Vagrancy concerns aired over 6th Street plan
A draft master plan to revamp the Sixth Street corridor after the new Grand Avenue bridge is built lays out a vision for what could become a largely pedestrian-oriented mix of public spaces and private commercial and residential redevelopment.
But some Glenwood Springs City Council members are concerned that a small park area that’s being planned where the existing highway bridge lands north of the Colorado River and Interstate 70 could inadvertently promote the type of vagrancy issues the city has been working to avoid in recent years.
“I am concerned about the south end of the park in particular,” Councilor Todd Leahy said during a Sept. 15 work session with the specially appointed Sixth Street steering committee and consultants who have been working on the master plan.
That’s where the committee and paid designers have envisioned a plaza-type space with a performance stage, sculptures and other artwork, a children’s play area, a stair-step seating area and lots of landscaping.
Ideally, it would be a place for people to sit and relax, let their children play, and maybe take in special events such as music or theater that would be planned for the area.
But it could also become the kind of space that attracts undesired activity, such as panhandling and possibly illegal behavior, Leahy and others forewarned.
“I would hate to plan for bad behavior, but it is out there,” Leahy said. “And that area in particular concerns me.”
Those concerns can be addressed through the design itself, not only of the park but of the surrounding area, design consultant Cheney Bostic of Denver-based Studio Insite said in her presentation to council.
For instance, mid-rise balcony style residential development on the upper floors of new buildings can create a perception that there is a natural, ongoing public surveillance of the area, she said.
Controlling access to the area, regularly programming public spaces, having adequate nighttime lighting, and routine maintenance of parks and public streetscapes also goes a long way, Bostic suggested.
The old bridge landing was always envisioned for a park, steering committee chairman David Hauter said.
“Open space is an important public amenity, and it’s hard to come by,” he said. “We really felt like this has to be a meaningful space, and the first option we arrived at was the one we came back to, which was the park.”
Options looking at the potential of allowing private development on part of what will become city property, or possibly a public facility of some sort, were also explored.
“But we felt that would take away from space that could be a really nice park,” Hauter said. “Eventually, there is going to be a population of people there that isn’t there today, and the park will take on even more meaning.”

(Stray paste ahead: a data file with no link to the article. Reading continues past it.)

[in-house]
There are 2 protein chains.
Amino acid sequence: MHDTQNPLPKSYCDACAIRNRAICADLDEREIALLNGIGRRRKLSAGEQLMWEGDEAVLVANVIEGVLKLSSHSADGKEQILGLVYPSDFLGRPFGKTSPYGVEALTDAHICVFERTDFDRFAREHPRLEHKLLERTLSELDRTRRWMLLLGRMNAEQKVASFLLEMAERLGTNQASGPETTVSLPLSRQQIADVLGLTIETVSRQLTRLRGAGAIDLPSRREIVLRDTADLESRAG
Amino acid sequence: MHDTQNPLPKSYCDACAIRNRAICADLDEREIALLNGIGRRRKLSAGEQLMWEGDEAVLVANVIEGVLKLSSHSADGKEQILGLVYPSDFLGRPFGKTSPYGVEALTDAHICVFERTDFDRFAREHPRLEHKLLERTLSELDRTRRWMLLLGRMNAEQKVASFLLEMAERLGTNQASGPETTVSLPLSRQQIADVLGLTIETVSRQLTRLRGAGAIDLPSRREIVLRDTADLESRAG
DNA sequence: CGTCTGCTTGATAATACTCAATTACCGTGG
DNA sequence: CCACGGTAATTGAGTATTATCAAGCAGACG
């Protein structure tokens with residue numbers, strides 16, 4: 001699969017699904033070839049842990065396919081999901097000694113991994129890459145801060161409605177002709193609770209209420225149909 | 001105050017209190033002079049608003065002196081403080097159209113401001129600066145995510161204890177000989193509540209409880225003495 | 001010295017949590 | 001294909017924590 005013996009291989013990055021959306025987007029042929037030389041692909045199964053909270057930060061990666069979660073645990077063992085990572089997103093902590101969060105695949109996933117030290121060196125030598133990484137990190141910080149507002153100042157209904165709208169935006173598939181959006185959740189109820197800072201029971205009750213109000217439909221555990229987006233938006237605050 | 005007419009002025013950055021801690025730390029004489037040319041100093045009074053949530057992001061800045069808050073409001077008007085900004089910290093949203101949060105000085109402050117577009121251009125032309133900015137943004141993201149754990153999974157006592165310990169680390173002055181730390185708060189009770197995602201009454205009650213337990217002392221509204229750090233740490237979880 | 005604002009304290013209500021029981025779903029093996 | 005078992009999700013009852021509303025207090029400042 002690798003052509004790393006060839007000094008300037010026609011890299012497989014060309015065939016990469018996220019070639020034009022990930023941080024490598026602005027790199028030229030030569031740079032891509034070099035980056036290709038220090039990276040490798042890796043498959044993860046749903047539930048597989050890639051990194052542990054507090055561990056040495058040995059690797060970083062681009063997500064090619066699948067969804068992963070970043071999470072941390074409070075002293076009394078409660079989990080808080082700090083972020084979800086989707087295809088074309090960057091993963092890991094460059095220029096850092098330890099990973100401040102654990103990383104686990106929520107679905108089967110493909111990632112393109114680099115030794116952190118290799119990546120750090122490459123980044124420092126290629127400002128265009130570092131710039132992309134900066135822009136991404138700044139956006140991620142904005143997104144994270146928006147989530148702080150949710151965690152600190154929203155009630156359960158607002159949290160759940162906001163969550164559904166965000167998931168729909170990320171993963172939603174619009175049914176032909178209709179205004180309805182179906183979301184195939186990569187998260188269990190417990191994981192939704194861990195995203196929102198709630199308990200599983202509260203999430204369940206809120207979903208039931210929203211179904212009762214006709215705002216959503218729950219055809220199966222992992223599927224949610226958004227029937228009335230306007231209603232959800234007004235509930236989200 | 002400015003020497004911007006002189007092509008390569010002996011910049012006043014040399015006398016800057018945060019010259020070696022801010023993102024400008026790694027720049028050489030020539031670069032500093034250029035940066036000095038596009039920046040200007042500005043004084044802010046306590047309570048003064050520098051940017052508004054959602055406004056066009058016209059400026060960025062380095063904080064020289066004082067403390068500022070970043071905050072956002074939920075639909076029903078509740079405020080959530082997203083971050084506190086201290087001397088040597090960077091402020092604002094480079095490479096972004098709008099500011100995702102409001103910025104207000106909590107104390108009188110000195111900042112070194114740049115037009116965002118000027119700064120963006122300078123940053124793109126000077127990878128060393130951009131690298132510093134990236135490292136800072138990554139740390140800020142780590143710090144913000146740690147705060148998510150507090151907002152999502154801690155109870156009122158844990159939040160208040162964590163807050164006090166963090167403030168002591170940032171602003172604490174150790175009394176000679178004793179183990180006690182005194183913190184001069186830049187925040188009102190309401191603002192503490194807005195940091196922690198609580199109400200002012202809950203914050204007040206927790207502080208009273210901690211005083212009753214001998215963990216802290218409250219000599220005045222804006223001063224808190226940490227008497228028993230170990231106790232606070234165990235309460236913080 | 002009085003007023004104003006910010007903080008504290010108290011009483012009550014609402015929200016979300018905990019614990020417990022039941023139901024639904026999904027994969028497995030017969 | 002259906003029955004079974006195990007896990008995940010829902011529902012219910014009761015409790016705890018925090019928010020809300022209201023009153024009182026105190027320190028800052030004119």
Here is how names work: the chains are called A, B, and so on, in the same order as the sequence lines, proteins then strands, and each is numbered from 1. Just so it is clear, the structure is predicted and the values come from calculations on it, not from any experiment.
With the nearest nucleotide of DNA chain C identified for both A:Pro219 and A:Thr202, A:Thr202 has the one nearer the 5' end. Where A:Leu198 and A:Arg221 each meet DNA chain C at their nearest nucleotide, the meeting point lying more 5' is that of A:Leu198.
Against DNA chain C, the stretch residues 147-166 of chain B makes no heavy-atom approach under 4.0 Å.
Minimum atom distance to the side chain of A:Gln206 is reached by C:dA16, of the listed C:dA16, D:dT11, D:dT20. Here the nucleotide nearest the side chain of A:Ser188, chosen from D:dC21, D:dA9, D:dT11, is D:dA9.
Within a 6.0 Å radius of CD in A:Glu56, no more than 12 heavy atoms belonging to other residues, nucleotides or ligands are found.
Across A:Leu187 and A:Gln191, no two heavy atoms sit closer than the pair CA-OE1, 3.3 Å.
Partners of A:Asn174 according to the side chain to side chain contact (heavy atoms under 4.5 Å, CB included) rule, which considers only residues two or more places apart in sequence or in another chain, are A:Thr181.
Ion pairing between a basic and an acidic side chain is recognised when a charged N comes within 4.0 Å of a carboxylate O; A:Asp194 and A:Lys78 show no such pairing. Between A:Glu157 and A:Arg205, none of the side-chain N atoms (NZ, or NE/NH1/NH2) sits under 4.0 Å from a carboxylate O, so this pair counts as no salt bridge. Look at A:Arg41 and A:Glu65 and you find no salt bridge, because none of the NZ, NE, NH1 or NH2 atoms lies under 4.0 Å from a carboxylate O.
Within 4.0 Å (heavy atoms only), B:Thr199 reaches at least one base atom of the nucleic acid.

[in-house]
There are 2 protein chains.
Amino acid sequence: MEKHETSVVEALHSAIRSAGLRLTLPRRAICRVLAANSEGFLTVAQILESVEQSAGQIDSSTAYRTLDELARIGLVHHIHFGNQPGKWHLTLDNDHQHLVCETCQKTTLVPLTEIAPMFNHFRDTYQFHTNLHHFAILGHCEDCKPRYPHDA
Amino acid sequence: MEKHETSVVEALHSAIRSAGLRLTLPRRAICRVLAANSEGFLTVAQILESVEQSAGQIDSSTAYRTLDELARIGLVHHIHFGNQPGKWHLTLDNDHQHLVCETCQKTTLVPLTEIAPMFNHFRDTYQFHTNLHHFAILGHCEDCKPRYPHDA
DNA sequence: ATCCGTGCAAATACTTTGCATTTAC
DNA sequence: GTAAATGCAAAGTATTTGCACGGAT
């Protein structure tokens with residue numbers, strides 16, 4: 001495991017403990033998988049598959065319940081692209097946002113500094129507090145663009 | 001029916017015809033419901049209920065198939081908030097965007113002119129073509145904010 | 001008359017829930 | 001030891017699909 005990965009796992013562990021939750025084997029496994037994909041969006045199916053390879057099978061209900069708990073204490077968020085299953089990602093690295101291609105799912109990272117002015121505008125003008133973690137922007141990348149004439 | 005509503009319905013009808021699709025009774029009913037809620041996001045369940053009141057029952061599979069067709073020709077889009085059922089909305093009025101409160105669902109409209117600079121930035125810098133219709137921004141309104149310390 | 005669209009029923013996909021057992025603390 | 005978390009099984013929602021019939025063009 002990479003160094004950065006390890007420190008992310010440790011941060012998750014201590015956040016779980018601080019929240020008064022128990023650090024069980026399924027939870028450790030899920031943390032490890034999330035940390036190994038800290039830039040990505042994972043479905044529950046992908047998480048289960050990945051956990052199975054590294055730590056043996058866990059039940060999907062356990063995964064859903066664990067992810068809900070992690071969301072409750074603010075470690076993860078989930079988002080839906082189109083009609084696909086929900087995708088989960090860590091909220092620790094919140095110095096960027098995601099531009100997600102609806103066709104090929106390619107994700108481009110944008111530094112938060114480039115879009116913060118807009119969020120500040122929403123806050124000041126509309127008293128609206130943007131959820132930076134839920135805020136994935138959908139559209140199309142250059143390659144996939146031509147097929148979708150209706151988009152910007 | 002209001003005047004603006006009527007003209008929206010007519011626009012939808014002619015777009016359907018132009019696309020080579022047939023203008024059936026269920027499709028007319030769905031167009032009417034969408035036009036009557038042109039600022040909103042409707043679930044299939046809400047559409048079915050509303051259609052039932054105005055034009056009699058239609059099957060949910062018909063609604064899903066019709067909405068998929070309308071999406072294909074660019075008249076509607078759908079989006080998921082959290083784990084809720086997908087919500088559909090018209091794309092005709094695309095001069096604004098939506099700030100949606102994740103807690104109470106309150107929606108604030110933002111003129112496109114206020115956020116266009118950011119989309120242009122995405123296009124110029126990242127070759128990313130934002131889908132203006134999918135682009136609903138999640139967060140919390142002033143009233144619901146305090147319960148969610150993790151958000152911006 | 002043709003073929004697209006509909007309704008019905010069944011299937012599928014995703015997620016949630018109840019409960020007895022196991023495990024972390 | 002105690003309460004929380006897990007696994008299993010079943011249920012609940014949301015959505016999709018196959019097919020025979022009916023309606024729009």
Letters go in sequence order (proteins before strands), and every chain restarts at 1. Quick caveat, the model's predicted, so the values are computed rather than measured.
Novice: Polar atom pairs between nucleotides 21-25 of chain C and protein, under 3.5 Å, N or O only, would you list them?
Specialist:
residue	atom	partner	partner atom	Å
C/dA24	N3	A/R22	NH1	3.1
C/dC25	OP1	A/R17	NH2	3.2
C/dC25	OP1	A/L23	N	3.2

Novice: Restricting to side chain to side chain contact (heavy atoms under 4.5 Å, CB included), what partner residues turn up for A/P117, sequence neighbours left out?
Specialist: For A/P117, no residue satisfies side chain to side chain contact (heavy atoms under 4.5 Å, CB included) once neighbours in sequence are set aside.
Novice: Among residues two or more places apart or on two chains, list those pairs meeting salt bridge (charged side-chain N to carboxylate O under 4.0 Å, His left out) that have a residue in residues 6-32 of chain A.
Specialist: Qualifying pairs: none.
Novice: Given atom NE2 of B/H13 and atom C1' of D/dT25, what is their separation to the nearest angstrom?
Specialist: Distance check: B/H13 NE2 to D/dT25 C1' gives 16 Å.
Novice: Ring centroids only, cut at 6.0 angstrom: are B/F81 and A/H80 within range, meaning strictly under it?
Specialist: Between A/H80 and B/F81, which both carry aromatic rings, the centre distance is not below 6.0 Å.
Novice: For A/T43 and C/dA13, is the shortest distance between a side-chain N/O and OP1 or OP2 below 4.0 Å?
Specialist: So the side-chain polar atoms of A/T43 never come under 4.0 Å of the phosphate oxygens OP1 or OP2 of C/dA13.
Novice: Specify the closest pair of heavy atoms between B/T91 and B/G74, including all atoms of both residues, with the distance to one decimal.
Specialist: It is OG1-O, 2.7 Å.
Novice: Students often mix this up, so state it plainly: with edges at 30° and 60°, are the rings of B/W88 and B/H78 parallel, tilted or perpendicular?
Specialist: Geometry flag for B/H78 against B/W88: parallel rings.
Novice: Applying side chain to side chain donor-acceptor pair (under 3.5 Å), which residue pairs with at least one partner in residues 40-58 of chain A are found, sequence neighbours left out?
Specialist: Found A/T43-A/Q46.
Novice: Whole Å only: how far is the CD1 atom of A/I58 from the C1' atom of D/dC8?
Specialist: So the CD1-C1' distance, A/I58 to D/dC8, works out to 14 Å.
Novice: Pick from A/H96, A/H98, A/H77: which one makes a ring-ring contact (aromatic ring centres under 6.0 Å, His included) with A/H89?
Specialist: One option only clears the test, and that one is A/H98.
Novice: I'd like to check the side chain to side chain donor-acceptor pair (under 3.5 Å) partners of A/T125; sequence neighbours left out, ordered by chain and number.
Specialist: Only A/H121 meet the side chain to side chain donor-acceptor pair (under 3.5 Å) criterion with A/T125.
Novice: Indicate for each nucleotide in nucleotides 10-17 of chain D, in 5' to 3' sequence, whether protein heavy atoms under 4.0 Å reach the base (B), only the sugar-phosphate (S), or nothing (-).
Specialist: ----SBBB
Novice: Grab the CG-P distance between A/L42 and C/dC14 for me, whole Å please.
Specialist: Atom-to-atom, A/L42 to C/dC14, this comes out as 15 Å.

The Sixth Street Master Plan is to be released for public inspection next Monday, and will be available for public comments through October.
A final plan is to be presented to City Council in November, and formal adoption is expected soon after the first of the new year.
The nine-month-long planning process working with the steering committee has involved several public meetings and open house displays.
Among the goals is to create a natural link between the historic hot springs and hotel district along Sixth Street with the main part of downtown south of the river linked by the soon-to-be-completed new pedestrian bridge.
The planning effort also extended west along Sixth Street to the Glenwood Caverns tram on Devereux Road, tying in Two Rivers Park, the confluence area that is also being planned for eventual redevelopment, and possibly a bridge link on Devereux to the Glenwood Springs Community Center and Glenwood Meadows shopping center.
Along Sixth Street itself, between Pine and Laurel streets, while existing commercial buildings will likely remain for a period of time, eventually the plan envisions redevelopment of those areas.
That could include mixed-used commercial and residential development, the steering committee suggested, although the area would have to be rezoned to accomplish that.
Given the pedestrian-oriented streetscape design, parking would likely need to be on the fringes somewhere, possibly involving a public-private partnership to build a multi-level parking structure, the committee recommended. Transit would also need to service the area on a regular basis, it recommended.
Other suggestions include a roundabout at the intersection of Sixth, Devereux and Traver Trail, and possibly pursuing city ownership of the U.S. 6 & 24 corridor west from that point which is still owned and maintained by the Colorado Department of Transportation.
“There are a lot of good ideas and some really good work in here, and I love the streetscape plan,” Leahy said of the master plan. “I do appreciate the work of the committee, and I think we have some things left to talk about.”
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A crew from the Colorado Avalanche Information Center last week cut disks of wood from trees downed by a powerful avalanche that thundered off Garrett Peak in March 2019. The samples will aid research by dendrochronologists into the epic avalanche cycle.